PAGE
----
Albion College’s student newspaper, The Pleiad, apologized Sunday after running a fake story saying Hillsdale College would close for administrative and financial reasons. The story ran on April 1.
The article, which ran in the April Fools’ Day edition of the paper known as The Plebian, said Albion College would absorb the majority of Hillsdale’s students after the closure and drew concern from Hillsdale alumni, friends of the college, and a prospective student. The article has since been retracted and replaced with an official apology.
The Pleiad’s managing editor, Alex Carey, who wrote the article, said one of the Pleiad’s staff writers suggested the idea.
“The idea came from a current situation, actually,” Carey said. “One of the middle schools near Albion is closing, so we took that idea and asked, ‘What if a college near us closed?’”
Carey said the story was not intentionally printed to target a conservative school or to cause problems. Considering Hillsdale’s proximity to Albion, it made sense for them to choose Hillsdale, Carey said.
For the most part, students at Albion and at Hillsdale saw the article for what it was — pure satire.
“Most of us know people from Hillsdale, so we all thought it was humorous,” said Albion senior Kate Casebeer, sister of Hillsdale sophomore Sarah Casebeer. “We figured that Hillsdale students would find it amusing, as well.”
Hillsdale’s Senior Director of Admissions Zack Miller said the admissions office saw the article online and knew that it was not meant to be factual. Despite this, Miller said he did receive a call from an admitted student who inquired about whether or not the story was true.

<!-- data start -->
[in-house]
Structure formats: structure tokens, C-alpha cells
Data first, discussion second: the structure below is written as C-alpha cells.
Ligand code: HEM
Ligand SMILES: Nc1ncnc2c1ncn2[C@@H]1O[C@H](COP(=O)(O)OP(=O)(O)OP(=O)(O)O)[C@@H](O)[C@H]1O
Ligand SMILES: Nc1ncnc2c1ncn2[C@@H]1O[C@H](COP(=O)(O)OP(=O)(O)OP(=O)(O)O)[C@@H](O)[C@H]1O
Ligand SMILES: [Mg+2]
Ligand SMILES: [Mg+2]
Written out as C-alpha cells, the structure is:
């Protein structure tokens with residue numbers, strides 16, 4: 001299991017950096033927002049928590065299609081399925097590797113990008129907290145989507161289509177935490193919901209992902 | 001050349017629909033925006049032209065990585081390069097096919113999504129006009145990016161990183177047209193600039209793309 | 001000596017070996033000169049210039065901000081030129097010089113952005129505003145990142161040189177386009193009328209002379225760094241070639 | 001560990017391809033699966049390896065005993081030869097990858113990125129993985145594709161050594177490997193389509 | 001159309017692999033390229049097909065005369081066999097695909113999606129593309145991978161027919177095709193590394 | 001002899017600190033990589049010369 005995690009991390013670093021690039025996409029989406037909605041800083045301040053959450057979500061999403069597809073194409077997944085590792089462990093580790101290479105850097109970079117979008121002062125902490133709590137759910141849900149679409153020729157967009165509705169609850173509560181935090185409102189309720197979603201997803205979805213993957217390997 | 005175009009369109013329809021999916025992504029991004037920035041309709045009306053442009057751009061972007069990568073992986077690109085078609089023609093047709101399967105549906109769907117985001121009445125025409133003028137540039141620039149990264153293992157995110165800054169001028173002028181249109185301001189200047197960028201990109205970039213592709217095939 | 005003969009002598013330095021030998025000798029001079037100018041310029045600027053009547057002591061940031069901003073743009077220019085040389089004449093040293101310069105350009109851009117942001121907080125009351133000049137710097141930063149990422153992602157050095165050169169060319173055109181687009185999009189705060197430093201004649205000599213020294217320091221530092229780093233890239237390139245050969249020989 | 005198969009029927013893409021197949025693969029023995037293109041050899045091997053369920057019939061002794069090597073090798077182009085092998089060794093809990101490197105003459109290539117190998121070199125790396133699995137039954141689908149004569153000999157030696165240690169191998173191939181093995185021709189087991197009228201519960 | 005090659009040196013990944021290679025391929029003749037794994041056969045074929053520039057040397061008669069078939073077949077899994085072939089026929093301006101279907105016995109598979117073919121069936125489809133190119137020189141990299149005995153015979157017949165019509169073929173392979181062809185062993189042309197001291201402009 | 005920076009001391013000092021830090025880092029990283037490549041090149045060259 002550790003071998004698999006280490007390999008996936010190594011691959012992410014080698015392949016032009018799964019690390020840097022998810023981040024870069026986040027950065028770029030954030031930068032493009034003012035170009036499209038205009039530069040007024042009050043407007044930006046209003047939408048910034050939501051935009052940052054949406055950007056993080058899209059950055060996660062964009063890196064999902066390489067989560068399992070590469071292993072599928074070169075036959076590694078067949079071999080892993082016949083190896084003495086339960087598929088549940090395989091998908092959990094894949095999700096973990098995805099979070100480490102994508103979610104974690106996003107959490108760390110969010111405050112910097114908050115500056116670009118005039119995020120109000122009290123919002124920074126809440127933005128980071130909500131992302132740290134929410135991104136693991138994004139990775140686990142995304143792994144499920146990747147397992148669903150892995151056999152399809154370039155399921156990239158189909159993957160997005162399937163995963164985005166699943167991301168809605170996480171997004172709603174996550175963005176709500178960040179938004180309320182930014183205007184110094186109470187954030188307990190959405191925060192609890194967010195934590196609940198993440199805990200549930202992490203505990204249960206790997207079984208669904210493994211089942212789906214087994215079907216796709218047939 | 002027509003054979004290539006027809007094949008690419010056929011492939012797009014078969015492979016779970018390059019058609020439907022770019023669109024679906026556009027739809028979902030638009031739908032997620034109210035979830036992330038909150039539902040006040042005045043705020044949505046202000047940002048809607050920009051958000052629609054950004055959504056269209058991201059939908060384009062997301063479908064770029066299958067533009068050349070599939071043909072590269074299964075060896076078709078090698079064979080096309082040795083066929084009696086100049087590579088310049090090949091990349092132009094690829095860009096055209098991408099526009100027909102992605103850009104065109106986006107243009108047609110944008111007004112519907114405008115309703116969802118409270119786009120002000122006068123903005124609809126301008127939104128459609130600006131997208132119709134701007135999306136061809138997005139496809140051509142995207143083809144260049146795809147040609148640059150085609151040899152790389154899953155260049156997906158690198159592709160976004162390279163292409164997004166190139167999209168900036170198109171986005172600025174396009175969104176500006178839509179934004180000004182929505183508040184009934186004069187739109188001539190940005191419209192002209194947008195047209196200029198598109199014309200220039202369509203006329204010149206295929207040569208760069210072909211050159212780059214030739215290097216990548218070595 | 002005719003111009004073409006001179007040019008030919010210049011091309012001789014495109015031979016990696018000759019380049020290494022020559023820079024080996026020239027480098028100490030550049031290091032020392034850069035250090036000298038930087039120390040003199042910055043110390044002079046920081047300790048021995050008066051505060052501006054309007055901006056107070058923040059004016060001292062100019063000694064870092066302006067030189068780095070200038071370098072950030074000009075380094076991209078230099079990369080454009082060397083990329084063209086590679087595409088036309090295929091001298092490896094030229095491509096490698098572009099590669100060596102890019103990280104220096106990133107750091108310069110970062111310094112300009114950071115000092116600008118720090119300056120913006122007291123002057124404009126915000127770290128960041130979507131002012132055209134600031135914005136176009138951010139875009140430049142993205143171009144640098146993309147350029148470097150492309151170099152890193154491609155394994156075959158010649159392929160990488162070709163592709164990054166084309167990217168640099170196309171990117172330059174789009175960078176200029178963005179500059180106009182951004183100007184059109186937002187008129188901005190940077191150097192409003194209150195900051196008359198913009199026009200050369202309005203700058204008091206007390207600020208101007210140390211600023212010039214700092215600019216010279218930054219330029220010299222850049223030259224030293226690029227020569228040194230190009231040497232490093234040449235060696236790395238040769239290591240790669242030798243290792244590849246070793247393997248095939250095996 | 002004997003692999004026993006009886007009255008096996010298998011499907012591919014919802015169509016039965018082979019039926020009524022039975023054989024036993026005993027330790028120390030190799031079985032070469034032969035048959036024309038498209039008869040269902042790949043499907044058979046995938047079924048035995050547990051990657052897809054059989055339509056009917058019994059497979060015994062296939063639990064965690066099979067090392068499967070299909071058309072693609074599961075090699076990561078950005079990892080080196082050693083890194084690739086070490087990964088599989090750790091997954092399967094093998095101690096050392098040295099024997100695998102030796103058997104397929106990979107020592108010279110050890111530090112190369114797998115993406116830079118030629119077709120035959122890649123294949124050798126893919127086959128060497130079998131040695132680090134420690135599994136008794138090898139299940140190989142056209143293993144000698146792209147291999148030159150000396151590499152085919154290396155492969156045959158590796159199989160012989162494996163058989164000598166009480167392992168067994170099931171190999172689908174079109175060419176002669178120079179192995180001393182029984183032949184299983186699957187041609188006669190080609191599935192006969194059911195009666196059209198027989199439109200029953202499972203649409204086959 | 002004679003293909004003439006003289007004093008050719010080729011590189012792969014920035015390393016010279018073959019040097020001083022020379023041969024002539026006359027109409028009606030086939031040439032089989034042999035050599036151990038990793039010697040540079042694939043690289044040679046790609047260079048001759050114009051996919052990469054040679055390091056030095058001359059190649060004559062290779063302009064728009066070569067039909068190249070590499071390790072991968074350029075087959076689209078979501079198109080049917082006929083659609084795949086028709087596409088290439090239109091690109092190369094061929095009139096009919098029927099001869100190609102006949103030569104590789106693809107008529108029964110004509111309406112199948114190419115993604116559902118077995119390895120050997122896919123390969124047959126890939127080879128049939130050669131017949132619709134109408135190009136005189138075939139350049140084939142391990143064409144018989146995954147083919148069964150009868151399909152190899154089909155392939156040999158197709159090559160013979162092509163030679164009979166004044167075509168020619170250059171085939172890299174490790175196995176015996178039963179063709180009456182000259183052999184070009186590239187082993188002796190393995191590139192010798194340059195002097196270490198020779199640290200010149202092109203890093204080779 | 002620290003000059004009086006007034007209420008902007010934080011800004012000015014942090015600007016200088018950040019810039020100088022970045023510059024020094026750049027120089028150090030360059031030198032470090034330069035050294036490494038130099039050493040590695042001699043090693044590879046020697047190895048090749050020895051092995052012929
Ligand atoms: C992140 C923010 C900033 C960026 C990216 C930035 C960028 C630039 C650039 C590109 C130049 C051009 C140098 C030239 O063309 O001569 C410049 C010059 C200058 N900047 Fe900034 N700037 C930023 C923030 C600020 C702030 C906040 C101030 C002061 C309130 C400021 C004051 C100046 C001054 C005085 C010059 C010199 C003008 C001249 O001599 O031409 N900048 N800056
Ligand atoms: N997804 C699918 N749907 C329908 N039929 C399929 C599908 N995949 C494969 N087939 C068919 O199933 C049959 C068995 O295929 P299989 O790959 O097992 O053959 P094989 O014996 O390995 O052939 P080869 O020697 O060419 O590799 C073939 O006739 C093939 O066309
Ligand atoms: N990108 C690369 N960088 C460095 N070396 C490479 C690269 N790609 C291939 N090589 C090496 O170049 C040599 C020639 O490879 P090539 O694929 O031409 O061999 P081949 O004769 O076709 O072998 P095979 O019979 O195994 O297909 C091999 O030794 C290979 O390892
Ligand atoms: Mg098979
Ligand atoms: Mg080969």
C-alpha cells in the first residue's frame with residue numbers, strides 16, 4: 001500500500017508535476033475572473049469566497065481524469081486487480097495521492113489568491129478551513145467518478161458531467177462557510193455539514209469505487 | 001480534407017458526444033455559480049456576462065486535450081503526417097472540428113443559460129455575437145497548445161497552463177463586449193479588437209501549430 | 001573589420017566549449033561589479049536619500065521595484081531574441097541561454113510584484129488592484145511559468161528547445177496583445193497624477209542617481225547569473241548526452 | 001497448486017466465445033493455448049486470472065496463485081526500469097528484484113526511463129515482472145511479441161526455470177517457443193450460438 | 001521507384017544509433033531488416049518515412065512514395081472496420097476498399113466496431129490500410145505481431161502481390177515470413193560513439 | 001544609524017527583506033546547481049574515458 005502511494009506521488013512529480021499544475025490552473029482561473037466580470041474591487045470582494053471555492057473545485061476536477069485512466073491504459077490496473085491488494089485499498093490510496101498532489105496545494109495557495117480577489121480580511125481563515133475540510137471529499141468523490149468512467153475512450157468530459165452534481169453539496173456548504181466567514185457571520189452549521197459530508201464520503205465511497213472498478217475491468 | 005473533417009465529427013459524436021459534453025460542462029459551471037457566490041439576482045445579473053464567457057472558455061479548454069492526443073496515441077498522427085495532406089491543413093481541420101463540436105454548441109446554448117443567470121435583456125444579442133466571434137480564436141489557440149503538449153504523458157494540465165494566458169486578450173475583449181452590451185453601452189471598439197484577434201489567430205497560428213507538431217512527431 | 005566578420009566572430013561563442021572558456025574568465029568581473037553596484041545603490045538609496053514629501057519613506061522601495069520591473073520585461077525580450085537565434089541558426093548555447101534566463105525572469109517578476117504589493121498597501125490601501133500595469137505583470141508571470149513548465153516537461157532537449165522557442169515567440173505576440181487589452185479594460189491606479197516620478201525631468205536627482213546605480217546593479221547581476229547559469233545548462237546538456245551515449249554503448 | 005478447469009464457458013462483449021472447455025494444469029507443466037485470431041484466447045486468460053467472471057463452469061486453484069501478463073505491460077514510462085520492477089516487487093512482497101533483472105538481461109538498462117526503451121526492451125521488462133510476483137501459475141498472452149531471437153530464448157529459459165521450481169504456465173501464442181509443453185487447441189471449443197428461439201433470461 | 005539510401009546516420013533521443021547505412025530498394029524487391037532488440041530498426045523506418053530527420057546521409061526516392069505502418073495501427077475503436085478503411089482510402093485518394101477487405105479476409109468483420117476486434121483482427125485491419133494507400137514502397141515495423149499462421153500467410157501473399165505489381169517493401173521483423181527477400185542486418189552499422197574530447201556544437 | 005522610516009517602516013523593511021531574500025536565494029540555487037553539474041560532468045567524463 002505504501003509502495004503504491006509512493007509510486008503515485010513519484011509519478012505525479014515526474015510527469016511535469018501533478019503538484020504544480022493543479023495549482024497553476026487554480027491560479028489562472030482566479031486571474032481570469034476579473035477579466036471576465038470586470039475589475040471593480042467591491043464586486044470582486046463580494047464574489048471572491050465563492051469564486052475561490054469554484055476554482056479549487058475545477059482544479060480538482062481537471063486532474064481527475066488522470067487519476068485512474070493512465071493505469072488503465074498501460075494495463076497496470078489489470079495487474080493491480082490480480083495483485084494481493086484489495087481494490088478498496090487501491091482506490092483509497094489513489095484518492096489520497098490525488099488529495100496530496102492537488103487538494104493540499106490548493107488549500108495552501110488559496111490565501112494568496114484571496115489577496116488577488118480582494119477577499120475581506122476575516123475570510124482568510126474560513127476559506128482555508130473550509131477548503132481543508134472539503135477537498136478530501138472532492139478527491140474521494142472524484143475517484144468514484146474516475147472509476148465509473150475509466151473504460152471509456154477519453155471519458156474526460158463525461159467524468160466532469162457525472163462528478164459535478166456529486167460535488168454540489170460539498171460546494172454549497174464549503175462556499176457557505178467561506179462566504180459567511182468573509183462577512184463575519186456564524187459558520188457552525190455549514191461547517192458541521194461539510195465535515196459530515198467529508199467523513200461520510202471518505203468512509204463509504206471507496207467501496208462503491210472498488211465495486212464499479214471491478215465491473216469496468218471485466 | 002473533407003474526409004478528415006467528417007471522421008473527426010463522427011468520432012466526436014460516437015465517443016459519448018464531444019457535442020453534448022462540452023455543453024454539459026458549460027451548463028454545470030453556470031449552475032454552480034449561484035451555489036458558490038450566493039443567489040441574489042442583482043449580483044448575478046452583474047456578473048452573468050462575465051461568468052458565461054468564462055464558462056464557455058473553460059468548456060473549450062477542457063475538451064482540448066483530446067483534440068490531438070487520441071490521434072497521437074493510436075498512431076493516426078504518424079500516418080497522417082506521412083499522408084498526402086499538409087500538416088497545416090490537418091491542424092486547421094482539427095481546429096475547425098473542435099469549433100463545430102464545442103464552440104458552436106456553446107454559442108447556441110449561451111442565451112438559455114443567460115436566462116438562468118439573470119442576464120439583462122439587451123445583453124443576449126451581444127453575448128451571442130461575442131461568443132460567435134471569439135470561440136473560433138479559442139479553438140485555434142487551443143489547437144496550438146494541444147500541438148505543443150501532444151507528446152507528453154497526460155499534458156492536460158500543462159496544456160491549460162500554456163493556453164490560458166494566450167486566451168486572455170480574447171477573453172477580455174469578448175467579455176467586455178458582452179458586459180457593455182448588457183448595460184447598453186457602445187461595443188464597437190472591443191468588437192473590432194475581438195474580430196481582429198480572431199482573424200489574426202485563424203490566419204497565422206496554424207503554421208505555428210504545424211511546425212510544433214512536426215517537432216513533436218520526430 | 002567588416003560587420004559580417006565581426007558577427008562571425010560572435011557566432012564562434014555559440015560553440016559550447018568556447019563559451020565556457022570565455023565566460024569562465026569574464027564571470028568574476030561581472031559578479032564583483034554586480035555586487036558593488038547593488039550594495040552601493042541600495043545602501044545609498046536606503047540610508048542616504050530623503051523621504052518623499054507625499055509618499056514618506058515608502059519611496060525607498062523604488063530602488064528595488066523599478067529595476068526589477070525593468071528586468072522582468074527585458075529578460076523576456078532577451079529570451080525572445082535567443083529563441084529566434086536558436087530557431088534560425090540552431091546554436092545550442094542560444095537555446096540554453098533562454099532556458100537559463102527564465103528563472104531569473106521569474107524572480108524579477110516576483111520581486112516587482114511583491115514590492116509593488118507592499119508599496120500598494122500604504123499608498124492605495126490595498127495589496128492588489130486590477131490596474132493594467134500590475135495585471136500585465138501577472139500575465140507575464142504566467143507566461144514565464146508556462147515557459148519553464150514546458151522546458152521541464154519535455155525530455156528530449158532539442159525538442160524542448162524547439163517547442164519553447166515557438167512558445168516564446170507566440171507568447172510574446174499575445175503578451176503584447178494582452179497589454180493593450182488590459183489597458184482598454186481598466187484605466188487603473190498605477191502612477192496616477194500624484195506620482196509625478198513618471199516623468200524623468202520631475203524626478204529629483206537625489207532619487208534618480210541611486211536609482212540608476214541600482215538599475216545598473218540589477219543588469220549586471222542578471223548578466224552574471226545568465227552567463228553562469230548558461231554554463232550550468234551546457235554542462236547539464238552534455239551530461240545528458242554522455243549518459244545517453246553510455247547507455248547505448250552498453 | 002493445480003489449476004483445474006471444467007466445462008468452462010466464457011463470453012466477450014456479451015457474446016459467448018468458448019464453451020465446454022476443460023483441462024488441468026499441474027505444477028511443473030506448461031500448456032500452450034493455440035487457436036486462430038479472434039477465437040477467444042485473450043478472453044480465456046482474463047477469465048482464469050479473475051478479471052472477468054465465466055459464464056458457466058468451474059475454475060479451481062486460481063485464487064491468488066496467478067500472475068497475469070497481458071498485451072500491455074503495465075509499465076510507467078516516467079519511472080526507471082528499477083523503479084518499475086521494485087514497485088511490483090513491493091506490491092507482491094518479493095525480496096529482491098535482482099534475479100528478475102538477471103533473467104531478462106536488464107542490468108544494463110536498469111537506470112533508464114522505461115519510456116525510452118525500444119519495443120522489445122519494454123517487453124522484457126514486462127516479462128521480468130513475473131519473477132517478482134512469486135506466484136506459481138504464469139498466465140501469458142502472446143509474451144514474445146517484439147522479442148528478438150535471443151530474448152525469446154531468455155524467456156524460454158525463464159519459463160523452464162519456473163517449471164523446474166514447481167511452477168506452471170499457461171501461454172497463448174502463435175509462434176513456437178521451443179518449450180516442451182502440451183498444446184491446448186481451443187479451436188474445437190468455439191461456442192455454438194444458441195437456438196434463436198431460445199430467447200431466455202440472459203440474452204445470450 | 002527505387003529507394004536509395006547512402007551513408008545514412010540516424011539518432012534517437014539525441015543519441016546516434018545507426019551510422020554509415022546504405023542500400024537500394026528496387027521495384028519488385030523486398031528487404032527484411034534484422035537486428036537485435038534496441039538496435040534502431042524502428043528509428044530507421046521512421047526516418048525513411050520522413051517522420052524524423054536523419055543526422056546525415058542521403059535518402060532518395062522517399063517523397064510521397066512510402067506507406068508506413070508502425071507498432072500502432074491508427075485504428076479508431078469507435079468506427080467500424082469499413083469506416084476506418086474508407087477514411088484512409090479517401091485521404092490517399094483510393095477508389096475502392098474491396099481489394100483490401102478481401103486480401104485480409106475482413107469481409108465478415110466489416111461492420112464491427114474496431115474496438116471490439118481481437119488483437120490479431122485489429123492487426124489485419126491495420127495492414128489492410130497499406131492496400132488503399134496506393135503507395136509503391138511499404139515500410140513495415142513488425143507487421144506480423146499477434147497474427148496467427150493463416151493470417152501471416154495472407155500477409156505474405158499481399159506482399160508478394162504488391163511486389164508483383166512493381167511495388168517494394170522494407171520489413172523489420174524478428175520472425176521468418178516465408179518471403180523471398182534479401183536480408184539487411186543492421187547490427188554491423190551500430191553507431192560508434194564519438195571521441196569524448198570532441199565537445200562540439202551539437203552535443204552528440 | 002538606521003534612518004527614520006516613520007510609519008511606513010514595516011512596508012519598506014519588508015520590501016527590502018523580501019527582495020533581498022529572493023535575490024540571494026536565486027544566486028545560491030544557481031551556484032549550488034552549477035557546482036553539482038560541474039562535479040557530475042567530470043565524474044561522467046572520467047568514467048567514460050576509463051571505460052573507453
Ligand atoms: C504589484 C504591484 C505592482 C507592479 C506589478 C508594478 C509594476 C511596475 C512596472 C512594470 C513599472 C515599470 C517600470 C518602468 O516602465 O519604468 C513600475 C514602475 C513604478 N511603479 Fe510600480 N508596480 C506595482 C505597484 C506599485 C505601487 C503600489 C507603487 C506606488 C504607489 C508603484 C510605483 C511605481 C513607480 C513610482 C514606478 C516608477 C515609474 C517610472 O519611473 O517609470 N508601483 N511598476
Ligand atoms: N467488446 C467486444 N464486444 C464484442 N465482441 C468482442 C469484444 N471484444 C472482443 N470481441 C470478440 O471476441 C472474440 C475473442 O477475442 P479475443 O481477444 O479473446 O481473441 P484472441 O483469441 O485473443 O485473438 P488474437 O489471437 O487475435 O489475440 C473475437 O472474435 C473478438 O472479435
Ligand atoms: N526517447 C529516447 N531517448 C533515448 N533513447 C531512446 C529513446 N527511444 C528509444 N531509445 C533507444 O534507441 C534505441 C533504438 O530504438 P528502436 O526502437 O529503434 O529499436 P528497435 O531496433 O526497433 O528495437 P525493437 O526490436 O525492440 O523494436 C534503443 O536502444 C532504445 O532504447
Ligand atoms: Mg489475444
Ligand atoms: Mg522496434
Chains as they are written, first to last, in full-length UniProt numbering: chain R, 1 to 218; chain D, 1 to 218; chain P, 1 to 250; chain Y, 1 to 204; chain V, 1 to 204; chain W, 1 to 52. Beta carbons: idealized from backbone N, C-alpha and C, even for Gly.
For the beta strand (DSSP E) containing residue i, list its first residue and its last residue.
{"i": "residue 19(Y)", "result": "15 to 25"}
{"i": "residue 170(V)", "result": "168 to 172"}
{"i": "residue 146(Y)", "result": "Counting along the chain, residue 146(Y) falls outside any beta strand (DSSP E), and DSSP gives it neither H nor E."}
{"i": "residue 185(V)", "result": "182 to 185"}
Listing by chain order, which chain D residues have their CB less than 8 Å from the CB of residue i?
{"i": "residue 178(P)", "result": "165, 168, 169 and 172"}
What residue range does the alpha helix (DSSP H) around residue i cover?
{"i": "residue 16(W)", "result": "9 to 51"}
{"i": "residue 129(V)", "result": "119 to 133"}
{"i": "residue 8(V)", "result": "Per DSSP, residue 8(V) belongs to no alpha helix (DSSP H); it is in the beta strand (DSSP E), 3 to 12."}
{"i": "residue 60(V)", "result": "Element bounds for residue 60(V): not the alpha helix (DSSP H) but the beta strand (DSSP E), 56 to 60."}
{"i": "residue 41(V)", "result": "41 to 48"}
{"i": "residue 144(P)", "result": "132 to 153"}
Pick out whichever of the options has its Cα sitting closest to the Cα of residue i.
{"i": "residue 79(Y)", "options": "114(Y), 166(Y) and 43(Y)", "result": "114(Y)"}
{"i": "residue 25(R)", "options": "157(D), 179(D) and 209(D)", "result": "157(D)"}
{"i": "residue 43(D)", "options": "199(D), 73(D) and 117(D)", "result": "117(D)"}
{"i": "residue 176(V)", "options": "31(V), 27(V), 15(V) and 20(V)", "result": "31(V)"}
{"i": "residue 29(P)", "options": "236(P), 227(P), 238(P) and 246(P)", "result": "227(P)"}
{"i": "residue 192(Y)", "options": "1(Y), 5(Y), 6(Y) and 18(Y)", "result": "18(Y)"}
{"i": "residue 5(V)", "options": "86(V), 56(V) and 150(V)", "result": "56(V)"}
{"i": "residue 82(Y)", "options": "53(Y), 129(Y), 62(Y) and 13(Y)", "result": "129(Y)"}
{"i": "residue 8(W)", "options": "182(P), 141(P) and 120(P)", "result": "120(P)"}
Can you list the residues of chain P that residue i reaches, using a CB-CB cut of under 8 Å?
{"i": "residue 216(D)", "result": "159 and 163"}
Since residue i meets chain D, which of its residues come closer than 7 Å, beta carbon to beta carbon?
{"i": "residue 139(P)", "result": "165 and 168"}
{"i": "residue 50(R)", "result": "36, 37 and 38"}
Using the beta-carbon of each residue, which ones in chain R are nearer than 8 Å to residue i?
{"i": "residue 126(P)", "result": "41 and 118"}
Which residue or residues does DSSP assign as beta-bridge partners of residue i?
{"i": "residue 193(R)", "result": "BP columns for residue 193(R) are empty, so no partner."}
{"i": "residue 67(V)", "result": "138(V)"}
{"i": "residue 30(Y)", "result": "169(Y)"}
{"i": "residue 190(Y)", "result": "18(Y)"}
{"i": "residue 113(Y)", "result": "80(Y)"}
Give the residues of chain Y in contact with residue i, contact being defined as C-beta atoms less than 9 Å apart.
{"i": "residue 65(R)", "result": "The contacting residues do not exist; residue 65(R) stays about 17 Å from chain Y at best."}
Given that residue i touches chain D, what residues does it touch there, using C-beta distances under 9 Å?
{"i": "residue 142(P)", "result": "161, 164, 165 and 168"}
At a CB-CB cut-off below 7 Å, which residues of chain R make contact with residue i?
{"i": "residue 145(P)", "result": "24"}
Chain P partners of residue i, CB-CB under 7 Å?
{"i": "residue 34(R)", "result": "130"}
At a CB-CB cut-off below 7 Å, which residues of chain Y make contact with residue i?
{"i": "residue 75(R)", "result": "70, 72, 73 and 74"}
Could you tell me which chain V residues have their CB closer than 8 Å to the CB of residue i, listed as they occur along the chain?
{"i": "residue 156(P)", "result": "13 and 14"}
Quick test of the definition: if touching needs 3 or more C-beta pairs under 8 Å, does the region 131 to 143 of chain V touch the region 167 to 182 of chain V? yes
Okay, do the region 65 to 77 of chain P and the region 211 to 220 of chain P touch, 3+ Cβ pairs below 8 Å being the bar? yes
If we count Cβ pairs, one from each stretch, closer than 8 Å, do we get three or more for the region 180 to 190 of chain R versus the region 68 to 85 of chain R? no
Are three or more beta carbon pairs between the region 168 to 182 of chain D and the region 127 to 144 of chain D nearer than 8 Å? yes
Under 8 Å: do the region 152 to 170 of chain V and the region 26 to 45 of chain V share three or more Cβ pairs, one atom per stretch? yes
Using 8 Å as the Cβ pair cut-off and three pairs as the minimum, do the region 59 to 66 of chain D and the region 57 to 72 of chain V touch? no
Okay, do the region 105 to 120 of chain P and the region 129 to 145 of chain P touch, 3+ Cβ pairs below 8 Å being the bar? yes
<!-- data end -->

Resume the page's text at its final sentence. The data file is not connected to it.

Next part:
“There were a very small number of concerns,” Miller said. “Most people understood it was satirical.”
Not everyone at Hillsdale found the story to be amusing. Matt Schlientz, vice president for marketing, said the story did cause confusion for some.
“Because of that, we did reach out to John Thompson, the associate vice president for marketing at Albion, on Saturday to request the story be removed,” Schlientz said.
After Hillsdale’s marketing department contacted Albion, The Pleiad retracted the story Sunday, and the following statement replaced it: “This story was a part of the April Fool’s Edition ‘The Plebian’ and was, in fact, not true. The Pleiad apologizes for any confusion that may have been caused.”
Clare Kolenda, editor-in-chief of the Pleiad, said that she was the one who made the decision to retract the story after hearing that Hillsdale had reached out to Albion.
Carey clarified that the article was written purely out of the April Fools’ Day spirit and that no one foresaw the reaction it drew.
“We took the story for what it was, an April Fools’ Day prank,” Schlientz said. “However, given that online content lives forever and rather than risk any further confusion, we felt that the prank had run its course, and it would be best if the article was taken down.”
The momentary tension between Hillsdale and Albion over the jocular article also attracted national news coverage and was picked up from The Associated Press by media outlets across the country.
The vast amount of attention the article has received has come as a shock to the Pleiad staff, Carey said.
“We didn’t think it would get seen,” Carey said, “We definitely didn’t anticipate this much attention.”
The staff of The Pleiad apologized for the confusion the article caused. What began as a harmless joke was taken more seriously than they had originally intended, Carey said.
“I feel really bad,” Carey said. “We didn’t do it on purpose.”